In my last post I discussed Convicting the Innocent which discusses how false or misleading forensic evidence contributed in the first 250 DNA exonerations case. It discussed several types of forensic practices and how they can be twisted or how they can be just flat out bad “science.” This week I wanted to talk about some ways the law regulates these possibly unreliable practices and how we can keep lies from coming into our courtrooms.
So, first of all, almost all experts are paid for their testimony by the party who called them, whether they be for the defense or plaintiff. There may be a few good souls who do pro bono (free) work, but this is rare. This should not affect their testimony nor bias them in any way, and it is illegal to pay an expert to give a certain opinion. That being said, we can’t always be sure whether an expert is biased, and further most parties will choose experts who they expect to give a favorable opinion. It is the job of the opposing counsel to obtain testimony about whether the expert is being paid, whether the their payment is biasing their testimony, or whether any other factor is biasing their testimony. If this information isn’t brought out on the stand, the jury will never hear it. For prosecution’s witnesses in particular, many of the analysts called work for law enforcement, which also has the potential to affect their testimony. Analysts do not typically work blind, so if for example a suspect confesses, they may know that when they’re working, giving them an idea of what the “right” conclusion is supposed to be. Again, if this information is not brought out on the stand, the jury will never know whether the information they had about the crime affected their judgement.
The two big court cases that regulate expert testimony are Daubert v. Merrell Dow Pharmaceuticals and Frye v. United States.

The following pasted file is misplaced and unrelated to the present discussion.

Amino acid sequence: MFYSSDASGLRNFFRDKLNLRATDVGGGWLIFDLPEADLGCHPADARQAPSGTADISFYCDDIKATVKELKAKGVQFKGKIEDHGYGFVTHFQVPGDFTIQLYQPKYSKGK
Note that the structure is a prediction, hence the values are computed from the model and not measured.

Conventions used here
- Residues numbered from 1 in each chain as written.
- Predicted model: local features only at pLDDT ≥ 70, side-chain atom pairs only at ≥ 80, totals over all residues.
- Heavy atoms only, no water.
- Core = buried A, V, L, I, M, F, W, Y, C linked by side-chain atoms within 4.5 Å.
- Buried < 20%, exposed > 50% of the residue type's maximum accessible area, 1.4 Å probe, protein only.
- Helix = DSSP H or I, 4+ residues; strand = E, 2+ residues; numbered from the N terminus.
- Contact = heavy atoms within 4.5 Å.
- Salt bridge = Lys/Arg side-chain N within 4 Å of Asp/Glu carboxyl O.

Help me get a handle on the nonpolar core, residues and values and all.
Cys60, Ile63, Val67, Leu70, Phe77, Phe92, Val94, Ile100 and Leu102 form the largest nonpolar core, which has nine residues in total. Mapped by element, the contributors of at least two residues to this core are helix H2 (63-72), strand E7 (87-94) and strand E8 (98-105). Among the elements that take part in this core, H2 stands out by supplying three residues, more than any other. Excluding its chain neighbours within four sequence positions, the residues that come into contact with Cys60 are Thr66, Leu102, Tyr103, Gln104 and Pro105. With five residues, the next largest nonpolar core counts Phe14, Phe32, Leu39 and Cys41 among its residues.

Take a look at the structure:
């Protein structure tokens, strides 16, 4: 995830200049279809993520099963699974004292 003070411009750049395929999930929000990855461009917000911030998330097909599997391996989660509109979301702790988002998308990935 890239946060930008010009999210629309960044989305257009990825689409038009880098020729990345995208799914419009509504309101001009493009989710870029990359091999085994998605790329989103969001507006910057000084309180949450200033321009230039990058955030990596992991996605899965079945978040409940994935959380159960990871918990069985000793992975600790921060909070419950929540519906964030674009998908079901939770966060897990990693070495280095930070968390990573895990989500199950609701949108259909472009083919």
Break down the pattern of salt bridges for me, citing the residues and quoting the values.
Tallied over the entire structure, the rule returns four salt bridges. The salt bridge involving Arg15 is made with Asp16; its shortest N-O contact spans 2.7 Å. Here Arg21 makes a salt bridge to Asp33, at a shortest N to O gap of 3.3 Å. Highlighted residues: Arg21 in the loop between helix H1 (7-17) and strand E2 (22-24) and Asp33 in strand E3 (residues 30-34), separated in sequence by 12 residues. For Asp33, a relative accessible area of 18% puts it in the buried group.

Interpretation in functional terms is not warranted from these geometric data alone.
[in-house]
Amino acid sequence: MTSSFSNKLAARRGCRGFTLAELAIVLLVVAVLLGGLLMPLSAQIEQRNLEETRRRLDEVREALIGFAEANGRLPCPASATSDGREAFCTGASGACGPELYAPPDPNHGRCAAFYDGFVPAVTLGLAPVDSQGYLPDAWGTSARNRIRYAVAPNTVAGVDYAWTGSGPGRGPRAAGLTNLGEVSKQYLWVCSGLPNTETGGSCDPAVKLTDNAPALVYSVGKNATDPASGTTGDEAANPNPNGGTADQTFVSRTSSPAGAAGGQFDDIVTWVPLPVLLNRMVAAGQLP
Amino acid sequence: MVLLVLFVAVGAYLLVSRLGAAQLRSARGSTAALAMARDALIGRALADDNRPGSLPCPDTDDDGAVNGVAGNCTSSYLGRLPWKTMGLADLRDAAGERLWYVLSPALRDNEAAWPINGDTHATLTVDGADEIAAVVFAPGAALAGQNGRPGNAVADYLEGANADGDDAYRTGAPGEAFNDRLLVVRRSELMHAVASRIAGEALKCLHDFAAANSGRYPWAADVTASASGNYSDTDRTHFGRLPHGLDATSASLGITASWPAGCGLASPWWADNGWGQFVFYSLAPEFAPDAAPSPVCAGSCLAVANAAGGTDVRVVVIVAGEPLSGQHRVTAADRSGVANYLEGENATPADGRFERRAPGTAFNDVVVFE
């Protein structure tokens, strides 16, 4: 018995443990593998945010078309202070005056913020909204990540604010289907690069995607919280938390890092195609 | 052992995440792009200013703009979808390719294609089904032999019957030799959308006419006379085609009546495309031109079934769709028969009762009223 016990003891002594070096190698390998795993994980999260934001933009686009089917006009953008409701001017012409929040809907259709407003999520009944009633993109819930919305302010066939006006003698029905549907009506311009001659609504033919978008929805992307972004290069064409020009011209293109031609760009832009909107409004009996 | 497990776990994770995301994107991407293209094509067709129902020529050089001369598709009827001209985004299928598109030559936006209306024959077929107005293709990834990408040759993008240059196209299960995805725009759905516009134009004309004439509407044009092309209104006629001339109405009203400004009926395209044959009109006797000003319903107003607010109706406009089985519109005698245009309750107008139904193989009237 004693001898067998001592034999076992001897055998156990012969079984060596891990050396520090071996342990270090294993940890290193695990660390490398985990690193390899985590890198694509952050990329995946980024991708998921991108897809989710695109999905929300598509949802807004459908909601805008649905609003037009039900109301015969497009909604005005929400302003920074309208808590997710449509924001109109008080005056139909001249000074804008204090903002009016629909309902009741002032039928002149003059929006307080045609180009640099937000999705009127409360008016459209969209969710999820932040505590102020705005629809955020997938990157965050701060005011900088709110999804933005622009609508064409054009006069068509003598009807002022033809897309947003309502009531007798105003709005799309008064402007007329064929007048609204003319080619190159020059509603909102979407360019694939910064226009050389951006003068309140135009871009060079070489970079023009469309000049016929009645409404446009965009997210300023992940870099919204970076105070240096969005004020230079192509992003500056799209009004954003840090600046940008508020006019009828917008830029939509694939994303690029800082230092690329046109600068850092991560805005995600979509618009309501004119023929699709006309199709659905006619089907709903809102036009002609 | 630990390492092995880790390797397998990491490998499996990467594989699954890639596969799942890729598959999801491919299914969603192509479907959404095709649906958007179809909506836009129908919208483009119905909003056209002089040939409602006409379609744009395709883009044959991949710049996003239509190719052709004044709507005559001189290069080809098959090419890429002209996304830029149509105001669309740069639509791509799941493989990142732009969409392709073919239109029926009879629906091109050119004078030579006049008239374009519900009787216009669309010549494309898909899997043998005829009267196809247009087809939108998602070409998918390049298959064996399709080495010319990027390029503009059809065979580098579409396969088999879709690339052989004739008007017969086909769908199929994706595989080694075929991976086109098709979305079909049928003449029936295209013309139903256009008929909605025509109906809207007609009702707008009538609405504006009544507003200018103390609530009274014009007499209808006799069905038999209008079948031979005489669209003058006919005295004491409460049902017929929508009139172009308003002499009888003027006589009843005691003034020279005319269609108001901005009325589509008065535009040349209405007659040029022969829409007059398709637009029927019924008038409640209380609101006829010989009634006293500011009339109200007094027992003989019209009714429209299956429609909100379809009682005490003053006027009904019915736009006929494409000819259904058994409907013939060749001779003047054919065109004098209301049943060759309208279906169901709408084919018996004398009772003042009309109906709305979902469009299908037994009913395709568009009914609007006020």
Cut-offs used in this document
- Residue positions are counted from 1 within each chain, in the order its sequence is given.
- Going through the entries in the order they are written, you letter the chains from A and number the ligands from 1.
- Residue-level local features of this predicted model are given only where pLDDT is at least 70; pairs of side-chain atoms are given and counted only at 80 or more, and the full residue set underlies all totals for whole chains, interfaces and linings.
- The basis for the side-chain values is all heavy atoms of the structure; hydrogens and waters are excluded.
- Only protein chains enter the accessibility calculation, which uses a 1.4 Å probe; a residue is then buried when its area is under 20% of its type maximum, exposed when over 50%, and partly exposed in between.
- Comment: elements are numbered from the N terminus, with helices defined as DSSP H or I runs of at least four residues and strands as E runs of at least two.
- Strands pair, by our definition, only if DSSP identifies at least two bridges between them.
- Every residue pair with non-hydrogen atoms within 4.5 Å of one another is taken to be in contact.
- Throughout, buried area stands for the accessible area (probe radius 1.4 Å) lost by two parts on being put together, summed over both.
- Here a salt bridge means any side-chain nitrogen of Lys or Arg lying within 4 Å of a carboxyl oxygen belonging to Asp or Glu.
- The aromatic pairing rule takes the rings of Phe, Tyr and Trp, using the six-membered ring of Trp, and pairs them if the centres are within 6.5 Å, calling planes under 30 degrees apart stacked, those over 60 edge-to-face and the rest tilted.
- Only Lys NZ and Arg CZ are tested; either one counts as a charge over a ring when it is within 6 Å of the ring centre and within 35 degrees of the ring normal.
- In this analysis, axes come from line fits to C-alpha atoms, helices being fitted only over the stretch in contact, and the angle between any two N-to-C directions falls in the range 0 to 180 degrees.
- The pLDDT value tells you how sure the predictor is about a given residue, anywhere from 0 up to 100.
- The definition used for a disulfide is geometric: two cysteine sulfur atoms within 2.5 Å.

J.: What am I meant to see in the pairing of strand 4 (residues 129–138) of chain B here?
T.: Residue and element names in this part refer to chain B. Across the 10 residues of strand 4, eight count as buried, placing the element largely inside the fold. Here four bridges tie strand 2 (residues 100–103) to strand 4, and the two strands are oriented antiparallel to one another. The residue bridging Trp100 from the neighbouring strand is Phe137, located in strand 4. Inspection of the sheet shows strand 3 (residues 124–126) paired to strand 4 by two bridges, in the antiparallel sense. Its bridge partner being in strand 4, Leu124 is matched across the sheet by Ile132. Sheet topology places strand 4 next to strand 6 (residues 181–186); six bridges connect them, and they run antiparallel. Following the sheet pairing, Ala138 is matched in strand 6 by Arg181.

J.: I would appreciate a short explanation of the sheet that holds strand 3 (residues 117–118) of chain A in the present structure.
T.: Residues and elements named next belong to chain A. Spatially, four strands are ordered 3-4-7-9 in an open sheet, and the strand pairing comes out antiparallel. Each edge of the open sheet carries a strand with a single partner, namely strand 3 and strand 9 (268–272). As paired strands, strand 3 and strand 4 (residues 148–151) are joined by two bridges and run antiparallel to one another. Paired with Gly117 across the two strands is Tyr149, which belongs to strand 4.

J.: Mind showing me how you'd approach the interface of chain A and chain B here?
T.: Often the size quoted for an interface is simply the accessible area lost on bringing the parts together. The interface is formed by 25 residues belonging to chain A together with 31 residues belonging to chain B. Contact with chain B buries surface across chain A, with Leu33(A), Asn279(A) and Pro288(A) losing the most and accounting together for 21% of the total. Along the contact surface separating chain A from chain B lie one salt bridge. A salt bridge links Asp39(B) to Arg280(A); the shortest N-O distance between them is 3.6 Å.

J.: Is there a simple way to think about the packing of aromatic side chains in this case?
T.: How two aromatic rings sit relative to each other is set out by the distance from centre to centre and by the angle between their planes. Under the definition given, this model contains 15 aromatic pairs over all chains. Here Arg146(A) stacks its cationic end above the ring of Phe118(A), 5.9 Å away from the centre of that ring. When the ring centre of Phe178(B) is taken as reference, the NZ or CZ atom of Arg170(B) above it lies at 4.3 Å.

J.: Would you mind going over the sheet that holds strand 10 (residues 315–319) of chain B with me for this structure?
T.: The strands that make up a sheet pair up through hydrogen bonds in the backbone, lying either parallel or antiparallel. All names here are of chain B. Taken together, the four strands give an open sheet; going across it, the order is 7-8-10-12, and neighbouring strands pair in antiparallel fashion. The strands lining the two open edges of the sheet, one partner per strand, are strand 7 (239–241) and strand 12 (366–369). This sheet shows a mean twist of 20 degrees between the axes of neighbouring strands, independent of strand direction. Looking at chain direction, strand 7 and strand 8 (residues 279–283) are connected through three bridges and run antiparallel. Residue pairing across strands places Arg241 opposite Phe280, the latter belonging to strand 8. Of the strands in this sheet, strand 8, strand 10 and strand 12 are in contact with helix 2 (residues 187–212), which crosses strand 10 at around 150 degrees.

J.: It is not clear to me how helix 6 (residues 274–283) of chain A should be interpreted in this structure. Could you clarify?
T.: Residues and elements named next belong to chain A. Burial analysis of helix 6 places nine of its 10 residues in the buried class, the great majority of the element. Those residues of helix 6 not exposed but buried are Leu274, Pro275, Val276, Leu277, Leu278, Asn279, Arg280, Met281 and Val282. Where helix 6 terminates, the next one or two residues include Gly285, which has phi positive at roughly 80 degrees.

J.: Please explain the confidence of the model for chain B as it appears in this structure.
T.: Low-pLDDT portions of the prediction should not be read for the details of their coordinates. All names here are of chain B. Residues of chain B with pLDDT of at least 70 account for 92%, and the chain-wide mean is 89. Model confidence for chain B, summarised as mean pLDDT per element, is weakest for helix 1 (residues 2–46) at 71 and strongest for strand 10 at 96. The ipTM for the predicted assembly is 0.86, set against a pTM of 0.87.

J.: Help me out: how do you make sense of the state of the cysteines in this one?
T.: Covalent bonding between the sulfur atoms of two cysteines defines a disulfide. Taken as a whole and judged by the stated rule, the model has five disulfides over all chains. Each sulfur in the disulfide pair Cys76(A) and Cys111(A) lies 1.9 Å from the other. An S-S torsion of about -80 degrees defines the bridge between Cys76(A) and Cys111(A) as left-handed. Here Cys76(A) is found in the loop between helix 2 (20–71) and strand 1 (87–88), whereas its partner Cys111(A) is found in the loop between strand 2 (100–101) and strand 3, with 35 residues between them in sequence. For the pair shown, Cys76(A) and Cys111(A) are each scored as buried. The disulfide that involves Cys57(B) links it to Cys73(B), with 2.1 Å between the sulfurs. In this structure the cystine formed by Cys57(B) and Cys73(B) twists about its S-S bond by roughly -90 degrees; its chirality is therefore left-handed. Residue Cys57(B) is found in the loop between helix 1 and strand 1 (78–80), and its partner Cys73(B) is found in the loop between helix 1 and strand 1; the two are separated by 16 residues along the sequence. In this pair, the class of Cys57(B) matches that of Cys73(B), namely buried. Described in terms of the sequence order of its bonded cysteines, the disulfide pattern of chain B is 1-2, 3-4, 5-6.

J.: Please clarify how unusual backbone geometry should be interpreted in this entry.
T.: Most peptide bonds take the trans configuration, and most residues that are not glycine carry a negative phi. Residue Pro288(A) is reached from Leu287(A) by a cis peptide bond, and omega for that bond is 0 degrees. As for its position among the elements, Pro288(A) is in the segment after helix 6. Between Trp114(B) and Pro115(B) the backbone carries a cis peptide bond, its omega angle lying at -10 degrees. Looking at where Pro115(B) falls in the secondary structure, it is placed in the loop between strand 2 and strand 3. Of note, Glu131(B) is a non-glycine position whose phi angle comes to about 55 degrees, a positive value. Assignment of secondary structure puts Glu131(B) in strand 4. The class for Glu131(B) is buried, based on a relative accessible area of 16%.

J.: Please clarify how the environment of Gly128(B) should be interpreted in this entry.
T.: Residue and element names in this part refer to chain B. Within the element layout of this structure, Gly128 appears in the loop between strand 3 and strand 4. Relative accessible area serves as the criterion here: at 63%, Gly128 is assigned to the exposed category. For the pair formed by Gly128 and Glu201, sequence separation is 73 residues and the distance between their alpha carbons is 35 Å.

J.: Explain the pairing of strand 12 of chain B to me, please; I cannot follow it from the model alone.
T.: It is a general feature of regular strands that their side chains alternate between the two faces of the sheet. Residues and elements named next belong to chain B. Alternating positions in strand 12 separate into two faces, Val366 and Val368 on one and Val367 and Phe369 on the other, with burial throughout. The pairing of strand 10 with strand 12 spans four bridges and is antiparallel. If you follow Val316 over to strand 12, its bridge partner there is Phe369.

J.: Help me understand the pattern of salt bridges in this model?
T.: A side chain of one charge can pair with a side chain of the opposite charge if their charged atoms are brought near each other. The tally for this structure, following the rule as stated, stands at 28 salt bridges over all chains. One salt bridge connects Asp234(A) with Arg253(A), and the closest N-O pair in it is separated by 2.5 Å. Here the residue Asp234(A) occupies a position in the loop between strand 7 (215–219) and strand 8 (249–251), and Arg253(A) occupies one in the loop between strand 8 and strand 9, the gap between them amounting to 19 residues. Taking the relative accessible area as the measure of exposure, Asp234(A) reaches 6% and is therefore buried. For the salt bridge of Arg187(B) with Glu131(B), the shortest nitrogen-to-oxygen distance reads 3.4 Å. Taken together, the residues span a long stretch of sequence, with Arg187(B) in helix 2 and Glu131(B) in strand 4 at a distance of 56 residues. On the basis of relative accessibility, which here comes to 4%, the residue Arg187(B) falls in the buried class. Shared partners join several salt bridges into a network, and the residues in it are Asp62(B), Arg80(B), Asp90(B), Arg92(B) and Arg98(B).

In Frye, the court considered the admissibility of a practice called the systolic blood pressure test, which is kind of like a polygraph test. As a result of this case, the court imposed a new burden on expert testimony: it must be “generally accepted” by the relevant scientific community. The big problem with this standard is its vagueness. What counts as generally accepted? Does a majority of the community have to accept it? A large percentage? Does it have to be unchallenged? How much research has to be done on a theory before it counts? But then again, a lot of standards in law are kept vague in order to apply to a variety of cases. Something can sound nice and specific, and then we need to start making a million exceptions because unique situations come up where the standard just doesn’t work. But it also leaves a lot of room for interpretation. It also seemed to contradict Rule 702, which states that if scientific or technical knowledge will help the trier of fact (the judge or the jury) understand the evidence or decide the facts of an issue, a qualified expert may testify. It’s possible Rule 702 could allow a witness to testify, while the Frye standard says the evidence isn’t generally accepted. So which one should a judge prioritize?
Luckily, Daubert created a bit more clarity. First, it clarified that Rule 702 was the decider of admissibility for expert testimony. It also made the judge the “gatekeepers” when it comes to expert testimony relying upon scientific evidence, and they had to decide whether evidence is scientifically reliable. But this left judges confused as to which practices to apply Daubert. This led to the amending of Rule 702, which laid more specific guidelines for applying Daubert and more specific guidelines for what to consider regarding admitting expert testimony. These guidelines aren’t meant for the judge to decide whether an expert’s conclusions are correct, rather whether they were reached used scientifically valid evidence and practices. Unfortunately, judges are not scientists and may not have the knowledge to properly decide when to admit evidence. Therefore, faulty forensic testimony is often still allowed.
This is not meant to be a comprehensive list of every law regarding expert testimony, but these are the major cases that litigate the issue. I’ve also been working hard on my final presentation and product, and I’m very excited to talk about what I’ve learned.